Why is your AMD GPU compatible or not with DirectX 12 Ultimate?

It is a time of changes in terms of hardware like the ones we are experiencing, especially with the appearance of Ray Tracing and the use of SSDs, the arrival of a new version of DirectX is now tradition. But what AMD graphics cards are compatible with DirectX 12 Ultimate?

What is DirectX 12 Ultimate?

DirectX is a set of APIs that allows applications to communicate with hardware and was created to be able to use coprocessors and multimedia accelerators. Its most famous API is Direct3D which provides an abstraction of the graphics card to applications. Which allows it to communicate with the graphics hardware of the system. Since it is the most popular API included in DirectX, we usually associate Direct3D with DirectX.

Each new version of DirectX has coincided with a major change in graphics hardware. In DirectX 7 we had the inclusion of geometry calculation in the graphics processor, in DirectX 8 and DirectX 9 we saw the appearance of shaders, in DirectX 10 the GPUs with unified shaders and tessellation, in DirectX 11 the appearance of computation that it was made asynchronous with DirectX 12.

But if we look at what it brings back, DirectX 12 Ultimate has everything necessary to be considered DirectX 13, additions such as support for Ray Tracing, changes in the graphic pipeline thanks to Mesh Shader, support for Variable Rate Shading and the capacity of using the SSDs connected to the PC’s PCIe are enough to justify a new version.

The problem with making a new version of a graphical API is that this affects the controllers and the way in which the command processor that interprets the commands works. That is why for Microsoft it has made more sense to make an extended version of DirectX 12 than not a totally new API.

Full support vs. compatibility


Because DirectX 12 Ultimate is a superset of DirectX 12, this makes AMD graphics cards without hardware support for Ray Tracing, Mesh Shaders, Variable Rate Shading, and all other DirectX 12 new features. 12 Ultimate. Of course, they will not be able to use the improvements that the new version of the API incorporates as they do not have the appropriate hardware.

AMD graphics cards that are compatible with DirectX 12 Ultimate, but without full support for these are all those that have support for DirectX 12, this includes the ranges of graphics cards based on the GCN architecture, including: the Radeon HD 7000 range, the RX ranges from 200 to 600, the AMD Fury, AMD Vega and Radeon VII. But also the AMD RX 5000 based on the RDNA architecture. All of them lack full support for DirectX 12 Ultimate.

Since the games that are in development already use DirectX 12 Ultimate, it is recommended if you want an AMD graphics card for DirectX 12 Ultimate prepared for the future, our advice is to avoid the list of graphics cards that we have just put.

Why doesn’t the AMD RX 5000 fully support DirectX 12 Ultimate?


The relationship between AMD and Microsoft seems to be much closer than the one it has with NVIDIA, after all the main processors of its Xbox Series X and Series S use integrated AMD GPUs with RDNA 2 architecture. Shaders were mentioned a few years ago under the name of “Primitive Shaders” during the pre-promotion campaign of the AMD Vega, a function that in the end was not integrated into that generation of AMD graphics cards. What was integrated was the HBCC, a memory controller that allowed access to NAND Flash memory and therefore is a precursor to DirectStorage.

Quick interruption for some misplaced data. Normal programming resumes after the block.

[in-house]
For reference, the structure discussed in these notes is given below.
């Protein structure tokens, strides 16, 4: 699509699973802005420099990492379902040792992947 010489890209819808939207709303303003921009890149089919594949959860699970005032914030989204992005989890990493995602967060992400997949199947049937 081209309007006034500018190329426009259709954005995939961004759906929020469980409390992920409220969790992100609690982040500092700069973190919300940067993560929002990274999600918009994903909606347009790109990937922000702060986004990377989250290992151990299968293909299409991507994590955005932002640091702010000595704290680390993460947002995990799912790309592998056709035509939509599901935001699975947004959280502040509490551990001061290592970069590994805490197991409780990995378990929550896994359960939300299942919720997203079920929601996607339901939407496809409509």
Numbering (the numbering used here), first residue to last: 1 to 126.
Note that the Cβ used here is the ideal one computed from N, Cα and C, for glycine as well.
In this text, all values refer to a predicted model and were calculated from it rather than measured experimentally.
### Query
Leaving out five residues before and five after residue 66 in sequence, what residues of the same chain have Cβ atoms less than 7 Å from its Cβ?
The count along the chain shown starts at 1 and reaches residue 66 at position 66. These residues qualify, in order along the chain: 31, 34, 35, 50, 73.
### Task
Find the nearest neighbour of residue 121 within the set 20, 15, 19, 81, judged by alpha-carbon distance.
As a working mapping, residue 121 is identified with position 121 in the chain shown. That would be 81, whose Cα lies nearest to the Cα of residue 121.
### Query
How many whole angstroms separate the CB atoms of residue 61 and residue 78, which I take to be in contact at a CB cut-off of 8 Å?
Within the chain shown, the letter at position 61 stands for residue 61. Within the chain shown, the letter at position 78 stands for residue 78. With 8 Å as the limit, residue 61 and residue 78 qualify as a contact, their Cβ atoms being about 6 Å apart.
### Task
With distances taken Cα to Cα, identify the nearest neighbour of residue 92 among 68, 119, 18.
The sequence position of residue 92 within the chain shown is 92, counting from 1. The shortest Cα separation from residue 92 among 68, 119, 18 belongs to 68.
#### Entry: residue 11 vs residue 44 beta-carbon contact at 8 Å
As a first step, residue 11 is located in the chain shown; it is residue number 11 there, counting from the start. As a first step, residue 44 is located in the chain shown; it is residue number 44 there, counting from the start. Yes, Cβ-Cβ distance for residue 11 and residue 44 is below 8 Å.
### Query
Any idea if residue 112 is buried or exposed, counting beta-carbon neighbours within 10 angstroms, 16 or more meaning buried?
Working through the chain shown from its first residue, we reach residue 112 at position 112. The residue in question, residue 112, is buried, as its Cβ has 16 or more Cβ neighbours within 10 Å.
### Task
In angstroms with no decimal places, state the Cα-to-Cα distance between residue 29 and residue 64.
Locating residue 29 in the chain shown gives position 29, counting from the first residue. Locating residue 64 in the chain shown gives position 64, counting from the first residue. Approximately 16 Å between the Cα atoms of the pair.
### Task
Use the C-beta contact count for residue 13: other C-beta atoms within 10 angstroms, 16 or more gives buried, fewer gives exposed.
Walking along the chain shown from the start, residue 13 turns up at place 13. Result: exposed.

Under this history it would be expected that support for DirectX 12 Ultimate on AMD graphics cards should have appeared earlier than NVIDIA. However DirectX 12 Ultimate in its complete set also includes support for Ray Tracing and Variable Rate Shading, functions that are not in the first generation of RDNA. Even though Primitive Shaders are conceptually the same as Mesh Shaders, they differ enough in implementation that AMD has made the necessary changes.

And it is true that AMD has a different policy than NVIDIA, where they first deploy a proprietary technology waiting for Microsoft to implement it in its API, with a policy of evangelization through the support of certain developers. For AMD, the goal of its GPUs is to follow the DirectX 12 standard as it is at any given time. Hence, the RDNA or known as the AMD Radeon RX 5000 series do not fully support DirectX 12 Ultimate.

Only AMD RX 6000 fully support DirectX 12 Ultimate

RDNA 2 die

Currently the only AMD graphics cards with full support for DirectX 12 Ultimate are the AMD Radeon RX 6000, due to the use of the RDNA 2 architecture they make. The problem is that they appeared on the market at the same time as the mining bubble and the shortage of components. So its availability is scarce, but if you are lucky enough to get one then you are going to have a powerful GPU ready for the future.

At the moment and as we have commented before, the GPUs of previous generations of AMD are not prepared for future games. And not for that reason they are poor quality cards, at present the difference is not so great because there are hardly any video games that take advantage of new technologies. But as time passes and little by little they are adapted as minimum requirements in the hardware these will become more expensive.

So at the time of writing this article, AMD graphics cards compatible with DirectX 12 Ultimate are the RX 6000 series, both for desktop and laptop computers and obviously the ranges that AMD will release later.

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